May 2011 26

Back in June of 2009 an R-Rated comedy was coming out from Old School director Todd Phillips, one that had no A-list names attached to it, and was written by scriptwriters, Jon Lucas and Scott Moore, who had no major hits to their name. In fact, the screenwriting team had more going against them with comedy bombs like Four Christmases and The Ghost of Girlfriends Past. On paper, The Hangover didn’t look like it had a lot going for it. Oh what a difference two years makes.

The highest grossing R-Rated comedy of all time, The Hangover, is back for an unnecessary sequel that unfortunately lacks the charm and humor of the first film.  Ditched this time are screenwriters, Jon Lucas and Scott Moore, replacing the duo is Craig Mazin and Scot Armstrong, who had hands in cinematic masterpieces like Scary Movie 4 and Semi-Pro. However, Lucas and Moore should get full writing credit since Part II of The Hangover series is almost a direct retelling with nothing more than a setting change.

Stu (Ed Helms), Phil (Bradley Cooper), and Alan (Zach Galifianakis), aka “The Wolfpack” are back yet again for another night of debauchery that no one can seem to remember, with yet another trail of destruction they must use to track down Stu’s soon-to-be brother-in-law, Teddy (Mason Lee), the day before Stu is set to marry the beautiful Lauren (Jamie Chung).  Instead of the “What happens in Vegas stays in Vegas” mantra of the first film, we are now treated to “Bangkok has you”.  As most Americans don’t understand much of what is outside their borders, Bangkok makes for a much harder place to relate to than the commercially friendly Vegas.

The major problem with The Hangover Part II comes down to originality. It might have sounded good on paper to rehash the first film beat for beat with a more exotic setting, but on screening it comes across as trite, and sometimes painfully obnoxious. The first film was full of unexpected turns in the story which made it an extremely entertaining comedy, but if you saw the first film you know every turn the second film will make as well. Sure, the film is a bit more “zany”, well that is if you consider the addition of a few more penises on screen a laugh riot.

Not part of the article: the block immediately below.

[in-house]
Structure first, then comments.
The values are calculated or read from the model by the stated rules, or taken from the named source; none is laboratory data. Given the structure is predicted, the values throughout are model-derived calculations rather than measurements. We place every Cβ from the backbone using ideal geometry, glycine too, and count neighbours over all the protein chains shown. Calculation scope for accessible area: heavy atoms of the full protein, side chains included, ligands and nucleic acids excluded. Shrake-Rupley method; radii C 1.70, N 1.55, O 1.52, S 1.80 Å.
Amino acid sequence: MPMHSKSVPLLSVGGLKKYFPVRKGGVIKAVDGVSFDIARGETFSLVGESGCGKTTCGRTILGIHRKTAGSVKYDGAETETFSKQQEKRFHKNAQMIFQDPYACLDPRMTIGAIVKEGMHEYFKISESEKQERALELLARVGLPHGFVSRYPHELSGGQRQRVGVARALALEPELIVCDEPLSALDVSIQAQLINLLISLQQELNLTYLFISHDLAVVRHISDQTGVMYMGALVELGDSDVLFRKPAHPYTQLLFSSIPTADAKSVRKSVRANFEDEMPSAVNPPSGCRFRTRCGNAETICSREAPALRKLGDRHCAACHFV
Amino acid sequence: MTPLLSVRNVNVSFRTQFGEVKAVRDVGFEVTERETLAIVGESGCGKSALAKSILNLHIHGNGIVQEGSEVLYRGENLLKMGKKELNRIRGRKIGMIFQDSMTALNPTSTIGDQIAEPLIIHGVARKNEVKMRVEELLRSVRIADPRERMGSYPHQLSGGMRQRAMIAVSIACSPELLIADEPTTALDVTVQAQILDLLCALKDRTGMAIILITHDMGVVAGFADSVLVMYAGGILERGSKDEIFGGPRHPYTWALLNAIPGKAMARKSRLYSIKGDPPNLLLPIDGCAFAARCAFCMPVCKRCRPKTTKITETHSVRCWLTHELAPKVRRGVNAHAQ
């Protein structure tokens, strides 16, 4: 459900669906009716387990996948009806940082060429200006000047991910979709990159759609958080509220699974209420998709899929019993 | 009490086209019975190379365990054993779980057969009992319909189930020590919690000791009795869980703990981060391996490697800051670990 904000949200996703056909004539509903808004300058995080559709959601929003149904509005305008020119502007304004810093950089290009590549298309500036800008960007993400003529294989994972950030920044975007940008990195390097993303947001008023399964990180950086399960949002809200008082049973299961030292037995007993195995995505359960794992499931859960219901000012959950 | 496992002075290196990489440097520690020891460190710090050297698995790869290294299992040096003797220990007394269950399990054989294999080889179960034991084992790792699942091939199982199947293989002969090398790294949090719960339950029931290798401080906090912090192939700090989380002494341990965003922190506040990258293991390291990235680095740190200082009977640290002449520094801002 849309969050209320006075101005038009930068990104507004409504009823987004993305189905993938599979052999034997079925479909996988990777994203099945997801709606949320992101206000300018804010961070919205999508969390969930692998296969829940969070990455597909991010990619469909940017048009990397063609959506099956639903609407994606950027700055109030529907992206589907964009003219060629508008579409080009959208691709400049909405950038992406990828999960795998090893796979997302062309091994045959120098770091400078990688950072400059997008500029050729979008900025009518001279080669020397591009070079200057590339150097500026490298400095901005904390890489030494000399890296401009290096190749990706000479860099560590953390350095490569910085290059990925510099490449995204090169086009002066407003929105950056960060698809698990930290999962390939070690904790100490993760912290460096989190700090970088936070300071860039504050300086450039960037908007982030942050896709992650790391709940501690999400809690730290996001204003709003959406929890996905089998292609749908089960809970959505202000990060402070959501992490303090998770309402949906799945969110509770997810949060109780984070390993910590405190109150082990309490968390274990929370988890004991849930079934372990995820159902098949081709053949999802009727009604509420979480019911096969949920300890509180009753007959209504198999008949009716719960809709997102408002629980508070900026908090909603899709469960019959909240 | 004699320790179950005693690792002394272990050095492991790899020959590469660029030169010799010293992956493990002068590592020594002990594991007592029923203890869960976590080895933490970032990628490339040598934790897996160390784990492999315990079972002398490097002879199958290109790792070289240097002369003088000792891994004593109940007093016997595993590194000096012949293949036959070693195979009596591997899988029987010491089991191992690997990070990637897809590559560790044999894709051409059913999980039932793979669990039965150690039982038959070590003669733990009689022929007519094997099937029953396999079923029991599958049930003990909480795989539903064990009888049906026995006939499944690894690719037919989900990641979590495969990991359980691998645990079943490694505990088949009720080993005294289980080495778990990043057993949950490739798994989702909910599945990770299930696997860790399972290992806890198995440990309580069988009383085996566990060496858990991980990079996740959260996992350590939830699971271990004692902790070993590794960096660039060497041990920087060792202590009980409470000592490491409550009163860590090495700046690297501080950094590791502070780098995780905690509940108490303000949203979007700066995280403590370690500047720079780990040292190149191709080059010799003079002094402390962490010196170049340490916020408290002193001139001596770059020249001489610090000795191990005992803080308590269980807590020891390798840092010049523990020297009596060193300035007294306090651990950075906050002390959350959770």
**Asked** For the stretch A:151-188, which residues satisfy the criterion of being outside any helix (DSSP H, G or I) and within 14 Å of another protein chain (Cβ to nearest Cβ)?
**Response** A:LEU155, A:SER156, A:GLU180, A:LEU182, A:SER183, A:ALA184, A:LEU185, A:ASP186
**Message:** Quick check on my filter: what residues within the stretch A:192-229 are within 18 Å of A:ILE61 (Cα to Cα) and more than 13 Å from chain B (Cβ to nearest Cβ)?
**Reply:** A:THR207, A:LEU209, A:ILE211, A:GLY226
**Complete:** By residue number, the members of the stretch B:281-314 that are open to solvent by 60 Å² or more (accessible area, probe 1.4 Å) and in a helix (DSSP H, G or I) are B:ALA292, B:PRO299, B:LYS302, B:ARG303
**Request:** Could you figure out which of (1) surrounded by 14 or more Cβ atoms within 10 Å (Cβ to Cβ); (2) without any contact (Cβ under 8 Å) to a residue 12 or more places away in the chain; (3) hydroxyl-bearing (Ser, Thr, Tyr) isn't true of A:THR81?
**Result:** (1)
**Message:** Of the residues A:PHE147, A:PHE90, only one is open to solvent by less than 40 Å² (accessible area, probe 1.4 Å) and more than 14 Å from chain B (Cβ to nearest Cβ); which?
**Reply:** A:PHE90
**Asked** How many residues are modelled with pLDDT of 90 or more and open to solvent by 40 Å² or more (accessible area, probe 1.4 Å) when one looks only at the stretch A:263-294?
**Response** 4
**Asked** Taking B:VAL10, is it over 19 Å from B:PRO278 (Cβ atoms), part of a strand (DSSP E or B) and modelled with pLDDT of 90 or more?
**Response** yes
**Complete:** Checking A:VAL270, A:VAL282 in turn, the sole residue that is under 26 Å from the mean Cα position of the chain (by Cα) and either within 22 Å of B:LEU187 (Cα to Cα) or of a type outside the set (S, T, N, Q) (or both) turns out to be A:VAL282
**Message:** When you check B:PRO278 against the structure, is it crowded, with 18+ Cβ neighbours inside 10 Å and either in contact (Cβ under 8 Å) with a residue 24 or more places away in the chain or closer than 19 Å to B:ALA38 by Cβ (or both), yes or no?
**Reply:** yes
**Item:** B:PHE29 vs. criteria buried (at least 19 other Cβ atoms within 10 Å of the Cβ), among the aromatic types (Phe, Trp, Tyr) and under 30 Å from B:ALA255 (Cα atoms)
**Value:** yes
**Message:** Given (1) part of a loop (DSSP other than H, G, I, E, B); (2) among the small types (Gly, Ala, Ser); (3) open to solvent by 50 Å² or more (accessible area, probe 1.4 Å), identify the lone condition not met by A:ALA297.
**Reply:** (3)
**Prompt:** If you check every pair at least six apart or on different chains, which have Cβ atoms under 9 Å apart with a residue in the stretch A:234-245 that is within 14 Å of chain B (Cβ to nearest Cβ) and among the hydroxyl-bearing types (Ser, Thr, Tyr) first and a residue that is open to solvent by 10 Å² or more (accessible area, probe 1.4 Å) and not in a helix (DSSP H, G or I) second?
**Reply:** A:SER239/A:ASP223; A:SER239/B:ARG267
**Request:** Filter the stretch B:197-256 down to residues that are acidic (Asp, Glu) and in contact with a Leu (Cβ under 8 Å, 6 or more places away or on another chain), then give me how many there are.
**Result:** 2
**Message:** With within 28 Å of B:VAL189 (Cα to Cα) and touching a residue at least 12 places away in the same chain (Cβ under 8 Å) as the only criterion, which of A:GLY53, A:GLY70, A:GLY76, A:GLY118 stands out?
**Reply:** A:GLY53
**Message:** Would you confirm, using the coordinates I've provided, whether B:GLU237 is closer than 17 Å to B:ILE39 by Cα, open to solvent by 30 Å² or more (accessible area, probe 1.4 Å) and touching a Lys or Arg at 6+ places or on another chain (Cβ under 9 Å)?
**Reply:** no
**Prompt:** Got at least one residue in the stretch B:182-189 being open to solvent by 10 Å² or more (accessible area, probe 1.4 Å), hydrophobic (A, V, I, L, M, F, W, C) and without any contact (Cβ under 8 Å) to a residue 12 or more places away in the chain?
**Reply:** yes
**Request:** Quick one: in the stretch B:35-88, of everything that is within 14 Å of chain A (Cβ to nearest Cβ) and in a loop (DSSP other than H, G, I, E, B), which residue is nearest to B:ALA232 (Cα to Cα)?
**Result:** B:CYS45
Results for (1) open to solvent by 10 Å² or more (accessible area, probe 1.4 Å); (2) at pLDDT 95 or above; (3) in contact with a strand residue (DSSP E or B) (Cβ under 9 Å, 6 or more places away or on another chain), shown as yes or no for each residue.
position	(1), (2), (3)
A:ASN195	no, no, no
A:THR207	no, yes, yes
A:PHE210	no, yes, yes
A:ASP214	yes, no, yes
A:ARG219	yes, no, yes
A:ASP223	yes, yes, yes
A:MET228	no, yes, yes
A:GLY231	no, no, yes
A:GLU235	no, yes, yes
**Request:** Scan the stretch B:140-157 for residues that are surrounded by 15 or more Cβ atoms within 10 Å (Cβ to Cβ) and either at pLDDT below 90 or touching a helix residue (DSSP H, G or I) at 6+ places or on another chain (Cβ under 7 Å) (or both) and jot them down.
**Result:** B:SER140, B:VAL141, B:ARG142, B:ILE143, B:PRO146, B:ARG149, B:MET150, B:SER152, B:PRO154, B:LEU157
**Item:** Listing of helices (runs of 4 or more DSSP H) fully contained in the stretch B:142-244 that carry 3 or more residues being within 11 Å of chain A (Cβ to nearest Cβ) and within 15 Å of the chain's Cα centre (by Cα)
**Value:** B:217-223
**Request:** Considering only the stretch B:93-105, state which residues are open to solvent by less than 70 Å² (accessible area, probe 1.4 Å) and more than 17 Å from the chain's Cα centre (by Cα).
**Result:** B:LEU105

The cast doesn’t seem to be as nearly in sync as they were during the first film. Granted, since the release of the first film the main cast has gone on to achieve considerable success, and has made the jump to the highly coveted “A-list”.  The trio of actors all feel like they are phoning in their performances. I take that back, Ed Helms still seems to be giving it his all, but is constantly upstaged by the quirky Zach Galifianakis who was endearing in the first film, but is mildly annoying in the second installment.

That isn’t to say that the film doesn’t have its funny moments, it just never hits the same heights as its predecessor.  It is every bit a highly calculated ploy to ride off of the coat tails of the original. The only real improvement I can say of the series is that the photography of the film is an improvement over its predecessor. I was amazed sometimes at how well the action was framed, and the quality of the lighting.  Although, if I’m being honest with myself, I’ll probably be one of the few people who notice the change.

Rumor has it that director Todd Phillips already has a story set up for The Hangover Part III, and there is almost no doubt that this film will generate enough money at the box office to make a third sequel viable. I can only hope that with the next installment they worry less about keeping to formula, and more about generating an amusing story.

Grade: C-


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